In the Company of Books: Literature and Its Classes in Nineteenth-Century America

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Editorial Reviews

Wadsworth's background in the book trade serves her well. Her study demonstrates how market-conscious strategies of publishers, authors, and editors targeted specific audiences, created new specialized audiences, and anticipated existing audiences' tastes and expectations.
H-Net Reviews
[Wadsworth's] book is a key addition to the studies in Print Culture and the History of the Book series." -
—Donald K. Pickens, University of North Texas
The Journal of American History
. . . by reminding critics who are apt to ignore market considerations to bear in mind the machinations of book selling, In the Company of Books enriches the subfield of publishing history. Wdasworth's attention to readerships is not only fresh and provocative, but singularly well placed to nudge inquiry that has long been top-down toward vibrant research on meaning, value, and use.
The New England Quarterly
The analysis of methods of distribution and the packaging of texts for different economic and cultural classes is rich, substantial, and very useful in expanding our understanding of the ways in which texts found their ways into readers' lives.
Library Journal
Readers who still believe cheap paperbacks weren't born until the aftermath of World War II should disabuse themselves of that notion by reading this vastly informative story of how American publishing found ways to target individual reading publics as early as shortly after the Civil War. Wadsworth (English, Marquette Univ.) sums up the purpose of her book as "revis[ing] conventional narratives of literary history by revealing that a vital, even transformative, feature of American culture in the nineteenth century was the awareness that the literary marketplace consisted not of a single, unified, relatively homogeneous reading public but rather of many disparate, overlapping reading communities differentiated by interests, class and level of education as well as by gender and stage of life." The 19th-century American writers whose writing and publishing form the basis of her argument are Henry James, Nathaniel Hawthorne, Louisa May Alcott, Mark Twain, and William Dean Howells. Individual sections focus on segmentation by age, gender, and cultural status. Wadsworth's mere 200-odd pages of text contain a densely written but amply illustrated history of American publishing during its time of maximum change. Every large public library-and certainly every academic library-should include this little gem in its collection.-Charles C. Nash, Cottey Coll., Nevada, MO Copyright 2006 Reed Business Information.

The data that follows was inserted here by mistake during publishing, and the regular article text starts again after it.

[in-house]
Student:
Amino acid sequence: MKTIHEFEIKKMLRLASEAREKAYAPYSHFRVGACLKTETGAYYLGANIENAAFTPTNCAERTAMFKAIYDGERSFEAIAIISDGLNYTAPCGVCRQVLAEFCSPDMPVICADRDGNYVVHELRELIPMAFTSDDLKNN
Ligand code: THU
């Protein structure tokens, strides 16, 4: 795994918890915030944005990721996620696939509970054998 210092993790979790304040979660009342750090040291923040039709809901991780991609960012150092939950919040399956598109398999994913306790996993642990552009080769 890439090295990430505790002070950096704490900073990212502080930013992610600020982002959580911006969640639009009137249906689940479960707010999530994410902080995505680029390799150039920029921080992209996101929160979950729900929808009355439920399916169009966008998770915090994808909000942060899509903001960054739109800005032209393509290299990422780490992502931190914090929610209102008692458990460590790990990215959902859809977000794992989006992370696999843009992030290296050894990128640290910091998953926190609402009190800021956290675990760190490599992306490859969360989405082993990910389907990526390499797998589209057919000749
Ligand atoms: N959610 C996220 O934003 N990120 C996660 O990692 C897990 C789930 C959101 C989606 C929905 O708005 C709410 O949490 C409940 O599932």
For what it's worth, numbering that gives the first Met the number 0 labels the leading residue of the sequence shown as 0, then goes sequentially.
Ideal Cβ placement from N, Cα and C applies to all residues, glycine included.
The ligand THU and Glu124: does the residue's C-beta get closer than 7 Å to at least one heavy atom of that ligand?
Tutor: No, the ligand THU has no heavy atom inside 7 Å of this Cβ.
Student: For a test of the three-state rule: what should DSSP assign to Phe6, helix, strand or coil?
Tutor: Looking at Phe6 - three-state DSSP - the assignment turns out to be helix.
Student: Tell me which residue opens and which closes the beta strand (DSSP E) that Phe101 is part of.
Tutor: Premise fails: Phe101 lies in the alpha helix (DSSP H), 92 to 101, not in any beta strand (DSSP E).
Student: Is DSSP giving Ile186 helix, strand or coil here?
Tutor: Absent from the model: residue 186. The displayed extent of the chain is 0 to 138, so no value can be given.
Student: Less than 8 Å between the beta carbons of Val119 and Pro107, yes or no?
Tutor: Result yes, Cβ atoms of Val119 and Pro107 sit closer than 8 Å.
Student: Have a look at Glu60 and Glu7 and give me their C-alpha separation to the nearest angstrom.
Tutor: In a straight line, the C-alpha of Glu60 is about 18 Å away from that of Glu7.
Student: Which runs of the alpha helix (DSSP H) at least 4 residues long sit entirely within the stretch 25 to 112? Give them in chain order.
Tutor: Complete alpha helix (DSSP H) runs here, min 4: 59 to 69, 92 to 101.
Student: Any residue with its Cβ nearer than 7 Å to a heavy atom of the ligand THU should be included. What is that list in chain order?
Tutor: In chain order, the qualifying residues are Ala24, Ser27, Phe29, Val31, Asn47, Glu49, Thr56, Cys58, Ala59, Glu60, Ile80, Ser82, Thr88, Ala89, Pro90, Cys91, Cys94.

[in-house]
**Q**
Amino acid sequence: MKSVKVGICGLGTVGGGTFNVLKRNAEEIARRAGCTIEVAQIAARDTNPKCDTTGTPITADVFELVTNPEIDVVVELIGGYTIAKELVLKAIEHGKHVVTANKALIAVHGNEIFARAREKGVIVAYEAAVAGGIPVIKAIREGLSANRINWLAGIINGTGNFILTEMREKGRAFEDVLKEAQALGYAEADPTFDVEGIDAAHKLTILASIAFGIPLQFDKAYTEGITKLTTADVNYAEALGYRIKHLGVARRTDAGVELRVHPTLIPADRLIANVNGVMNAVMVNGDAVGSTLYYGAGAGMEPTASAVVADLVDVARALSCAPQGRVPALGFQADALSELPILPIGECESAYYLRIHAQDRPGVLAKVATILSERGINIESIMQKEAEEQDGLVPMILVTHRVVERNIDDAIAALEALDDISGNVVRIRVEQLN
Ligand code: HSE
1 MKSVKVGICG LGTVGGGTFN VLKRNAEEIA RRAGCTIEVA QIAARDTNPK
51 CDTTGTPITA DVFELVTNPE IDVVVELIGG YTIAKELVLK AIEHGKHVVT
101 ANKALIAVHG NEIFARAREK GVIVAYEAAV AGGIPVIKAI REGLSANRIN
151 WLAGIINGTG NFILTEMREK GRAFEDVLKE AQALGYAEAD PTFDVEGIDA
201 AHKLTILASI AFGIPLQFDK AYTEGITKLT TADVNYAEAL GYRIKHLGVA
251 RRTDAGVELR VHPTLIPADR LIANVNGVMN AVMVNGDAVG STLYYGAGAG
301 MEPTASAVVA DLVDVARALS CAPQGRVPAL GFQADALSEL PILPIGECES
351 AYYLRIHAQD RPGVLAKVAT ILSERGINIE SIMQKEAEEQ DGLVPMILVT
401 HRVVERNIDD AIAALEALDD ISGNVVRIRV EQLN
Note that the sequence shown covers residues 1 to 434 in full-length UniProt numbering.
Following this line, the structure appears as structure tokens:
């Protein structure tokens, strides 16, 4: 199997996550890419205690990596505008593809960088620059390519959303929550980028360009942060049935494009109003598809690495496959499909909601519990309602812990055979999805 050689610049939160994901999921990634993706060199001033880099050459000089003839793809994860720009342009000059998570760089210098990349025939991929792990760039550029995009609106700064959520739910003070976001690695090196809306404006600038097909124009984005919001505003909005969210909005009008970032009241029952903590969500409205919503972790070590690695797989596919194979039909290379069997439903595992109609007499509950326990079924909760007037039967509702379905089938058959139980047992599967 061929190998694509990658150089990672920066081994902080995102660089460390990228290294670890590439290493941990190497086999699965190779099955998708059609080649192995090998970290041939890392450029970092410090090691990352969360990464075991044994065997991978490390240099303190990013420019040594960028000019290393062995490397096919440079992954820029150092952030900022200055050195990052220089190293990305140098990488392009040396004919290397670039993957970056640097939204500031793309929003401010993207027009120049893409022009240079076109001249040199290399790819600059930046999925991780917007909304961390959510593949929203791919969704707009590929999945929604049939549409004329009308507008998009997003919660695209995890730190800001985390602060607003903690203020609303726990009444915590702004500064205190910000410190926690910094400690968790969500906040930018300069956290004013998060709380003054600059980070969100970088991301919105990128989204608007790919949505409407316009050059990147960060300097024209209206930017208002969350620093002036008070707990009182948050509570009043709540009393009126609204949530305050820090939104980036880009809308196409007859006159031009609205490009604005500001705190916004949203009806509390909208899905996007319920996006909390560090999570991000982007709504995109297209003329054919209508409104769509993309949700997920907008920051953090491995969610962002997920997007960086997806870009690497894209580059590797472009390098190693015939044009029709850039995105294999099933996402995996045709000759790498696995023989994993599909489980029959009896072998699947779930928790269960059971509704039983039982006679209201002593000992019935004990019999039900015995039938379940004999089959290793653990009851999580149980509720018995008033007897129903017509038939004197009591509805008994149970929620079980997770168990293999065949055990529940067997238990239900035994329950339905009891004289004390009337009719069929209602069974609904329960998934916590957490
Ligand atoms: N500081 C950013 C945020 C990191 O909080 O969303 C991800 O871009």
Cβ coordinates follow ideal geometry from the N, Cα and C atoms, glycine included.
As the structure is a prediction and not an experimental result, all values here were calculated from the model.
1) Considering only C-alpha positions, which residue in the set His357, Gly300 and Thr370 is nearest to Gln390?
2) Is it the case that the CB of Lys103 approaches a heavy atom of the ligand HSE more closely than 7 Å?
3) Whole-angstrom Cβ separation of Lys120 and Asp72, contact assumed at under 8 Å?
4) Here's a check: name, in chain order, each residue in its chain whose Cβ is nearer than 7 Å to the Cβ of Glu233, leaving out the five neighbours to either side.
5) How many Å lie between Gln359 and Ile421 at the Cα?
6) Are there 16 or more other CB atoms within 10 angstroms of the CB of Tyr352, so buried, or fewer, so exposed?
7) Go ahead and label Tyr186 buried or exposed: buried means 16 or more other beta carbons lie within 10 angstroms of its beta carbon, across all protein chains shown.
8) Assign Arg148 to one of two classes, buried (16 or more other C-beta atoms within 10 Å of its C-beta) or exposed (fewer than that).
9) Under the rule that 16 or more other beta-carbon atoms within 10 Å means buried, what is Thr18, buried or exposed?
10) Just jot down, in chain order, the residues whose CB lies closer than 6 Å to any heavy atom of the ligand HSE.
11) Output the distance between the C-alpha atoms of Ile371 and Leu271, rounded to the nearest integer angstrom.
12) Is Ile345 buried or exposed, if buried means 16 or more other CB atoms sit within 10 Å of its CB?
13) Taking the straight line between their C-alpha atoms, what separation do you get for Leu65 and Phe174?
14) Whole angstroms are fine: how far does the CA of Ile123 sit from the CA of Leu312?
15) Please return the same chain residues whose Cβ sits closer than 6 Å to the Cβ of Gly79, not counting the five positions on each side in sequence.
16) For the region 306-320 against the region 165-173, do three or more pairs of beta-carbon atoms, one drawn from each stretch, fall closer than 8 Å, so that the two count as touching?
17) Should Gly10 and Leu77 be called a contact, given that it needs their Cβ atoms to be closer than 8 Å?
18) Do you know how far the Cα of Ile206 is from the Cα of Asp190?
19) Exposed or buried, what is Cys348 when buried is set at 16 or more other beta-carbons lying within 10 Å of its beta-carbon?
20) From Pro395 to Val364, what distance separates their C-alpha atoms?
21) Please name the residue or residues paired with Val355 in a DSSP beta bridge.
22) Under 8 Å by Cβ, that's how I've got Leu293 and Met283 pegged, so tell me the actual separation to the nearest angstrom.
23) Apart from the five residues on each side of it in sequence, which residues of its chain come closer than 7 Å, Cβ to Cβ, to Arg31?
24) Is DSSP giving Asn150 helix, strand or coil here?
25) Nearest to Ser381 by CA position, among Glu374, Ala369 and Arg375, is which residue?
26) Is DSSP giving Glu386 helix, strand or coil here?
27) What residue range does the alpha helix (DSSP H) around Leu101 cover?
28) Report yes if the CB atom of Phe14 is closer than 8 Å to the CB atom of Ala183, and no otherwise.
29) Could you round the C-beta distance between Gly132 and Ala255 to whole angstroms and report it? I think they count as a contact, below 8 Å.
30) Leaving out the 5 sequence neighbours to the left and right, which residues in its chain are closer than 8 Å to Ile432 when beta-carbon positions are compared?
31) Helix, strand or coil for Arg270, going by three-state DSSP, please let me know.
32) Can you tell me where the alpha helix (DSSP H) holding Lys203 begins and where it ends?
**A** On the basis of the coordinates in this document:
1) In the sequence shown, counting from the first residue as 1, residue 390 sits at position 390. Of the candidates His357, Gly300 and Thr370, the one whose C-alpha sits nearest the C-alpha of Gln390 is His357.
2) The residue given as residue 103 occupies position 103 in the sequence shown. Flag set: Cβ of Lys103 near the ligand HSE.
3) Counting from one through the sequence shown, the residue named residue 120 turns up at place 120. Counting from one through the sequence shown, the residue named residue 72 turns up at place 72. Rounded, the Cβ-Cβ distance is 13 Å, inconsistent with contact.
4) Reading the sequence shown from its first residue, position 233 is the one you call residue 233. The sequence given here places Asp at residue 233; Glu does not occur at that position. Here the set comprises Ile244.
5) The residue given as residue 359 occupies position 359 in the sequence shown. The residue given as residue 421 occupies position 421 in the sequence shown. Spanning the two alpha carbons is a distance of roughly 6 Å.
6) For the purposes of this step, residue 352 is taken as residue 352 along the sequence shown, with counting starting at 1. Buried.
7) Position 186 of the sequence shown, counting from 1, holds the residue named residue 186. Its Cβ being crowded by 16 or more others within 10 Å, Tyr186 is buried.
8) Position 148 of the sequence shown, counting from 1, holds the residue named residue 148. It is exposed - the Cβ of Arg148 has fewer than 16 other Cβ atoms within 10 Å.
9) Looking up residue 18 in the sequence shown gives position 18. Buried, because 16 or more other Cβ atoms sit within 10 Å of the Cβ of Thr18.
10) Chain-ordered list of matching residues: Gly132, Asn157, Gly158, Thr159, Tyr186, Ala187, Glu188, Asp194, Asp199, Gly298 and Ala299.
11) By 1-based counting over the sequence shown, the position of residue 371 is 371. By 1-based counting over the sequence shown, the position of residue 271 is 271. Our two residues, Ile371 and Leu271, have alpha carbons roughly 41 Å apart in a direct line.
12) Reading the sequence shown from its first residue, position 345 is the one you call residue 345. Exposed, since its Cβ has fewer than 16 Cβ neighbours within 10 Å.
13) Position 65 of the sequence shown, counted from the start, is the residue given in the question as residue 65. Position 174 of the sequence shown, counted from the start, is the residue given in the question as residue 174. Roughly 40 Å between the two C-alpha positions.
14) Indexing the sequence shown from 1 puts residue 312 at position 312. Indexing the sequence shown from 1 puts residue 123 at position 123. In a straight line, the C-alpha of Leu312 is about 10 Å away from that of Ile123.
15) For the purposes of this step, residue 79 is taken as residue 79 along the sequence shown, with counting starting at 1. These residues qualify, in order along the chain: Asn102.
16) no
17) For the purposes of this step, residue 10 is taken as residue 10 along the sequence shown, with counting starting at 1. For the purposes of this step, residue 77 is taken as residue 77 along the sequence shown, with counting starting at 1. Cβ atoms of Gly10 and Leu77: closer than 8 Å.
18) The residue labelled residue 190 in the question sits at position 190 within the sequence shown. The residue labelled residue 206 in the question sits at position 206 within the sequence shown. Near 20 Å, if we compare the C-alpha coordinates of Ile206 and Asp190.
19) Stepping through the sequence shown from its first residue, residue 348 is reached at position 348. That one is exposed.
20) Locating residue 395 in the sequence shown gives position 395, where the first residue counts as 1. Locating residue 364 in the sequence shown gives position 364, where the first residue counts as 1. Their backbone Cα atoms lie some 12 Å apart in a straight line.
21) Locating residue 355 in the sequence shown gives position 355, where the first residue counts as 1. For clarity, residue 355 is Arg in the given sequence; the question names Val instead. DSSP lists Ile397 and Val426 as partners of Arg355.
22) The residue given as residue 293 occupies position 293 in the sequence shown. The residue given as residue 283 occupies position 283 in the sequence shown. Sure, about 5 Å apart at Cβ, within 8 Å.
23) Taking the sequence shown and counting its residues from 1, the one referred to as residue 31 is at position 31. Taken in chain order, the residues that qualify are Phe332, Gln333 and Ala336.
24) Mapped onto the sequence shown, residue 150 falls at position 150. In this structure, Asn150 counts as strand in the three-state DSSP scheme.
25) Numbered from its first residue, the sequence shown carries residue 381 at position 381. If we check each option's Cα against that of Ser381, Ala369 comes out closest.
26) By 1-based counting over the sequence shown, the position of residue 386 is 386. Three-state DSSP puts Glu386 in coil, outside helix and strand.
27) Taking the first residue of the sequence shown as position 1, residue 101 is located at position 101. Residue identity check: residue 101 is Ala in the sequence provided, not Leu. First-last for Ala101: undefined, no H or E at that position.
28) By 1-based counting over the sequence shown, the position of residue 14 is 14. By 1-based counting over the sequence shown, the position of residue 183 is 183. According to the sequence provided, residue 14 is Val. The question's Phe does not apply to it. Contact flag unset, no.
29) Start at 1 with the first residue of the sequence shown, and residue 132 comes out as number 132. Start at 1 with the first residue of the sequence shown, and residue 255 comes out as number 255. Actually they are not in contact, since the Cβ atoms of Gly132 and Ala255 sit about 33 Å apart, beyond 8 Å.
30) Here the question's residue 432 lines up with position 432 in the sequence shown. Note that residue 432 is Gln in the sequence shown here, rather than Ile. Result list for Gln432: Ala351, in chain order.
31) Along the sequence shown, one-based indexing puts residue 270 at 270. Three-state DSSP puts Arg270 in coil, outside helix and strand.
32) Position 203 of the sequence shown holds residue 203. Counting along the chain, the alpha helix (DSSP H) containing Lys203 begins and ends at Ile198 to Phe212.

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Product Details

Table of Contents

Prologue : following the reader 1
Pt. 1 From "girls and boys" to tomboys and bad boys 15
1 Wonder books 25
2 Stories of their lives 44
3 Boy's life 70
Pt. 2 The masses and the classes 95
4 Seaside and fireside 107
5 Innocence abroad 134
6 A blue and gold mystique 161
Epilogue : the margins of the marketplace 193
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